Government Pursues ‘Zero Trust’ Approach to Cybersecurity

The “zero trust” policy envisioned by President Biden in May when he signed an executive order to improve cybersecurity has begun taking shape with the release last week of a draft blueprint by the White House Office of Management and Budget (OMB). While Biden’s order covers the public and private sectors “and ultimately the American people’s security and privacy,” zero trust focuses on identifying and implementing best practices for the federal government’s digital platforms and processes. Deployment will take years of investment and effort. To help jump-start the initiative, some primers have hit the news feeds. Continue reading Government Pursues ‘Zero Trust’ Approach to Cybersecurity

European Union Members Are Concerned Over GDPR Delays

European Union nations are voicing discontent over delays in enforcement of the General Data Protection Regulation (GDPR) implemented in May 2018. Earlier this month Ireland announced a $266 million fine against WhatsApp, after haggling to boost the original sanction of up to $59 million by the Irish Data Protection Commission (WhatsApp parent Facebook has European headquarters in Ireland). The situation has prompted calls to revise how the 27 EU member countries participate in overlapping cases, with expanded pan-EU rules also under consideration. Continue reading European Union Members Are Concerned Over GDPR Delays

SEC Probe of SolarWinds Attack Concerns Corporate Execs

A Securities and Exchange Commission investigation into the 2020 Russian cyberattack of SolarWinds has corporate executives concerned over the possibility that information unearthed in the probe will expose them to liability. Companies suspected of or known to have been downloading compromised software updates from SolarWinds have received letters requesting records of all breaches since October 2019, raising fears that sensitive cyber incidents previously unreported and unrelated to SolarWinds may be revealed, providing the SEC with details that many companies may never have wanted to disclose. Continue reading SEC Probe of SolarWinds Attack Concerns Corporate Execs

Tech Firms Raid Security Flaws with ‘Bug Bounty’ Programs

In the security world, “bug bounty” programs are becoming more common, from Facebook to the Department of Defense. Hackers who can reveal the hidden vulnerabilities of a device, system or corporation can reap significant financial rewards. Apple launched its program in 2016 and offers payouts of up to $1 million for the most elusive flaws. The tech giant reportedly spent $3.7 million on such exercises in the 12-month period ending in July 2021, during which time Google shelled out $6.7 million and Microsoft spent $13.6 million. Such programs have become a valuable tool in security maintenance, putting hackers’ inquisitive natures to productive use.  Continue reading Tech Firms Raid Security Flaws with ‘Bug Bounty’ Programs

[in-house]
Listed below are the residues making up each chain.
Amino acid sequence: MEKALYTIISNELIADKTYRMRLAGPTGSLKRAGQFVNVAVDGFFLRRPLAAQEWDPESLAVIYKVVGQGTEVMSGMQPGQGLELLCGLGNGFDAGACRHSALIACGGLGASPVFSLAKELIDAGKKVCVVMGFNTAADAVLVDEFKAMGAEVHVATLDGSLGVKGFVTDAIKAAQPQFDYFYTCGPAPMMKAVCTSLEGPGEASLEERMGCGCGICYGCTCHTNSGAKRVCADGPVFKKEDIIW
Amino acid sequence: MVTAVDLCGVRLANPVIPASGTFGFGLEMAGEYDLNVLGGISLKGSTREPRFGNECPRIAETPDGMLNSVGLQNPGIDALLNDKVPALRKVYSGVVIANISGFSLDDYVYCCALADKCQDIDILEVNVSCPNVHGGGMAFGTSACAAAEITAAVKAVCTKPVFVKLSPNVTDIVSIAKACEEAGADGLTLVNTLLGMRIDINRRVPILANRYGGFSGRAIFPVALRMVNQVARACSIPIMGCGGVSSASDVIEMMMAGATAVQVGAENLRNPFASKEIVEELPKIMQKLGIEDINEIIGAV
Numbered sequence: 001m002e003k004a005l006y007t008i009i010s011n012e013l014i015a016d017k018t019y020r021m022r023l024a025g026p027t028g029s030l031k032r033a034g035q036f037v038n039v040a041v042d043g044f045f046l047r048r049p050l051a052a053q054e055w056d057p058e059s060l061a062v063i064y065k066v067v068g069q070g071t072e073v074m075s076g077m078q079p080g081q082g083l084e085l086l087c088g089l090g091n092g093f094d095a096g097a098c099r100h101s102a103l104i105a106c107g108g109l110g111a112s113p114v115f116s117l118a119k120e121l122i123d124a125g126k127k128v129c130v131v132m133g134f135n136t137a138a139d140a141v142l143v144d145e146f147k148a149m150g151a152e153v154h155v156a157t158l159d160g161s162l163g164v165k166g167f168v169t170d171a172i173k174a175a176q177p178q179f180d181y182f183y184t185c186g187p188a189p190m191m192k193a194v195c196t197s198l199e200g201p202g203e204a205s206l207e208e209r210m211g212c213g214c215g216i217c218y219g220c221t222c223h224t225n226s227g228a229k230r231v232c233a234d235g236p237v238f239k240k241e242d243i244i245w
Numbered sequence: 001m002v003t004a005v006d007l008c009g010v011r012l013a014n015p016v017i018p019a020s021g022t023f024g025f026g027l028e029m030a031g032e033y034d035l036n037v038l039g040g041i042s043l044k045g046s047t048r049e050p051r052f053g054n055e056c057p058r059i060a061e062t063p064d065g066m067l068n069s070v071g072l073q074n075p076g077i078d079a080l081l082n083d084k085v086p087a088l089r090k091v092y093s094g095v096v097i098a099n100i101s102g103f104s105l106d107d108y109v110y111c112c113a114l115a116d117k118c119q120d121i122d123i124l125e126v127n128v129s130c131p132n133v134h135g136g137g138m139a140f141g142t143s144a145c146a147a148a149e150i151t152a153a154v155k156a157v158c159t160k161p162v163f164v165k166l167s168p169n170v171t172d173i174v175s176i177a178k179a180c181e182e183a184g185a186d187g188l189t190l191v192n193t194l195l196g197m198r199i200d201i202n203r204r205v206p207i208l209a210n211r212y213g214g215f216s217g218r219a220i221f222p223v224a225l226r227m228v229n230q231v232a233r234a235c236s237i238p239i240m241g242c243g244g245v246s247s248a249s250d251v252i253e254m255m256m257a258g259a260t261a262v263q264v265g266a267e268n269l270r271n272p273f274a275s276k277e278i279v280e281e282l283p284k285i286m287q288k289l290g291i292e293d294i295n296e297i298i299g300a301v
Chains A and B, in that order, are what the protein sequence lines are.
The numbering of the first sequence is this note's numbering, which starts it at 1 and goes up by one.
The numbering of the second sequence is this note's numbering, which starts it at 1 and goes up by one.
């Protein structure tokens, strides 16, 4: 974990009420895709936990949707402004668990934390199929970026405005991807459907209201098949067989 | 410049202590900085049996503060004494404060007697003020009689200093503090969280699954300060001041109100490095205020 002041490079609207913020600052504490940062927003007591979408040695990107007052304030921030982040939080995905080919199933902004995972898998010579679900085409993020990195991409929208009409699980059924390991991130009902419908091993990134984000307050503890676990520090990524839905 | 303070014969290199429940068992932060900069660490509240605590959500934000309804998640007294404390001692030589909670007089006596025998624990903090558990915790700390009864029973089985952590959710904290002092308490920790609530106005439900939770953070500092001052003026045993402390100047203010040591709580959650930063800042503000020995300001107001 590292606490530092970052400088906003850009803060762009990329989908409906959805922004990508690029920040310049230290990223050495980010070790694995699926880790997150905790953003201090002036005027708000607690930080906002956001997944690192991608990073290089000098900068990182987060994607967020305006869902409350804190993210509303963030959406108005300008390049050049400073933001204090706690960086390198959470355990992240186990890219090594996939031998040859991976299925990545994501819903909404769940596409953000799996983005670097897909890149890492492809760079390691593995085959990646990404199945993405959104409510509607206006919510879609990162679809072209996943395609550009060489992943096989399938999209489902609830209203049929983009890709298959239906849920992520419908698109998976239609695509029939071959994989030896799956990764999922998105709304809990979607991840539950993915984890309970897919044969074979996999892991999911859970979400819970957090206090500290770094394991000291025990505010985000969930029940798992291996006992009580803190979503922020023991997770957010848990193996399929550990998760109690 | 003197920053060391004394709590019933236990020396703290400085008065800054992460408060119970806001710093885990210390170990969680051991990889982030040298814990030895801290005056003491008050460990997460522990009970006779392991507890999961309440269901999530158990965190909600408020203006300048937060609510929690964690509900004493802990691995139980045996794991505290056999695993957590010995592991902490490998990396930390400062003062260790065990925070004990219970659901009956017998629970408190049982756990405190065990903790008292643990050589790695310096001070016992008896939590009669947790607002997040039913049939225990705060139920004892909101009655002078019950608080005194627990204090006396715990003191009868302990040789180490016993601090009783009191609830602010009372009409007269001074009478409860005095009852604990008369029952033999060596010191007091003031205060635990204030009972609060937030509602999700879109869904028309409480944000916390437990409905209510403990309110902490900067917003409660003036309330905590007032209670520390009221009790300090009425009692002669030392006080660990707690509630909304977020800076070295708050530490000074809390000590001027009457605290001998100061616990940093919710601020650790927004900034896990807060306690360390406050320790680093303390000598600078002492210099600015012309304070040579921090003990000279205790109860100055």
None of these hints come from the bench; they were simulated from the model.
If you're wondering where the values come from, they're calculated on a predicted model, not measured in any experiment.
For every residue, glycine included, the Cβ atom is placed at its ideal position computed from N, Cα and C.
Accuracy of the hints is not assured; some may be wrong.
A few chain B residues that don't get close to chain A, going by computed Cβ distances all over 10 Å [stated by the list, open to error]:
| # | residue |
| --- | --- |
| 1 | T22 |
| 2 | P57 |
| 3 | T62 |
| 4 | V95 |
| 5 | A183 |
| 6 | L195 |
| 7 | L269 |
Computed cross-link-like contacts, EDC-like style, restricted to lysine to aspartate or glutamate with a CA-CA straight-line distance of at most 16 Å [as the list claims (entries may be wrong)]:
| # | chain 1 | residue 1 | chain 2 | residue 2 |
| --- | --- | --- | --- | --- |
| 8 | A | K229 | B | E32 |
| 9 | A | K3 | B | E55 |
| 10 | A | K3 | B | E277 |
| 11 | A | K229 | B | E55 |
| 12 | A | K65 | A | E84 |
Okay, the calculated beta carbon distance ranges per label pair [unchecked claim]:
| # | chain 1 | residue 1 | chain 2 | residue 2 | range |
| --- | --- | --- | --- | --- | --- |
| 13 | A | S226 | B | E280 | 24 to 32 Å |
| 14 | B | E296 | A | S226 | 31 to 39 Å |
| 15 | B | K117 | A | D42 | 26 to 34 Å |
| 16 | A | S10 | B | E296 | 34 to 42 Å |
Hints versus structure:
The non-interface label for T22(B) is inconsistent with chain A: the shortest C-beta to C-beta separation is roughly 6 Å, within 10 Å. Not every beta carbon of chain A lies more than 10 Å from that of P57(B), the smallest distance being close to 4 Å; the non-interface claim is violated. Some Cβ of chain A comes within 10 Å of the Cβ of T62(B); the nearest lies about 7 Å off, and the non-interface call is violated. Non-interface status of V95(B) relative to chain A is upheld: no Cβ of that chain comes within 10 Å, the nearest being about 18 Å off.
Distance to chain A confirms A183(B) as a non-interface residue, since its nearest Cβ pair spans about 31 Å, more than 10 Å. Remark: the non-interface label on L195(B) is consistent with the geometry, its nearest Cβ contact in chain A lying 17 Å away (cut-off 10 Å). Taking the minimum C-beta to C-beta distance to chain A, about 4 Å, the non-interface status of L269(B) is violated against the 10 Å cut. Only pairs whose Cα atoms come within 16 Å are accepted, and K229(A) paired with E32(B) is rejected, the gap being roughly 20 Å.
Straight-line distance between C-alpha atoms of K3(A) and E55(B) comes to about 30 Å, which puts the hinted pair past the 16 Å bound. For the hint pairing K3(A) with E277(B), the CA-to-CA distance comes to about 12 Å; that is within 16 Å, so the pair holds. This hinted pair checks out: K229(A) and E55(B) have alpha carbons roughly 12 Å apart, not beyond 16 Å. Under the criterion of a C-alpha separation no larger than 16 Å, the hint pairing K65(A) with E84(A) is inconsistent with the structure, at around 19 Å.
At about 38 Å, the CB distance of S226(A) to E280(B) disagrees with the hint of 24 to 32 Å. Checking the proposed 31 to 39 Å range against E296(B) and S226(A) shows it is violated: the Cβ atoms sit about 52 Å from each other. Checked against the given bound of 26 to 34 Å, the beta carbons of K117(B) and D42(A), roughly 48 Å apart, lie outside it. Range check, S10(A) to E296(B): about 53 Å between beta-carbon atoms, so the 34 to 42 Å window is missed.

Twitter Plans to Test Social Privacy Features for User Control

Popular microblogging service Twitter plans to test new “social privacy” features in order to allow people to better control their identities and thus feel more comfortable using its social network. Among the features under consideration are the ability to edit followers’ lists and archive old tweets after an amount of time designated by the user, making it easier to hide tweets than a manual deletion. Staff researcher Svetlana Pimkina said Twitter determined through internal research that many Twitter users don’t understand the site’s privacy basics. Continue reading Twitter Plans to Test Social Privacy Features for User Control

Strider Shield Technology Aims to Protect Intellectual Property

Strider Technologies has debuted its Strider Shield platform that helps businesses better understand potential threats to intellectual property — including nation-state directed IP theft and supply chain threats — by combining online tracking tools often used by advertising agencies with data ingestion tools, natural language processing and various algorithms. Strider co-founder and chief strategy officer Eric Levesque said that Strider Shield allows an enterprise to collect thousands of data points such as email addresses, domain names and keywords to correlate against systems where the IP resides, in order to surface potential risks. Continue reading Strider Shield Technology Aims to Protect Intellectual Property

Post-Brexit, UK Plans to Create Its Own Privacy Regulations

Since leaving the European Union, the UK government, which has inherited the EU’s General Data Protection Regulation (GDPR) that went into effect in 2018, is now faced with creating its own privacy laws in order to enact data transfer agreements with other nations. The EU stated that the new UK regulations must feature those that are equivalent to the GDPR. So far, the UK government has said that its privacy rules will be “innovation-friendly” and permit easier data sharing but eliminate the EU’s “box-ticking” requirements. Continue reading Post-Brexit, UK Plans to Create Its Own Privacy Regulations

White House Cybersecurity Summit Brings Leaders Together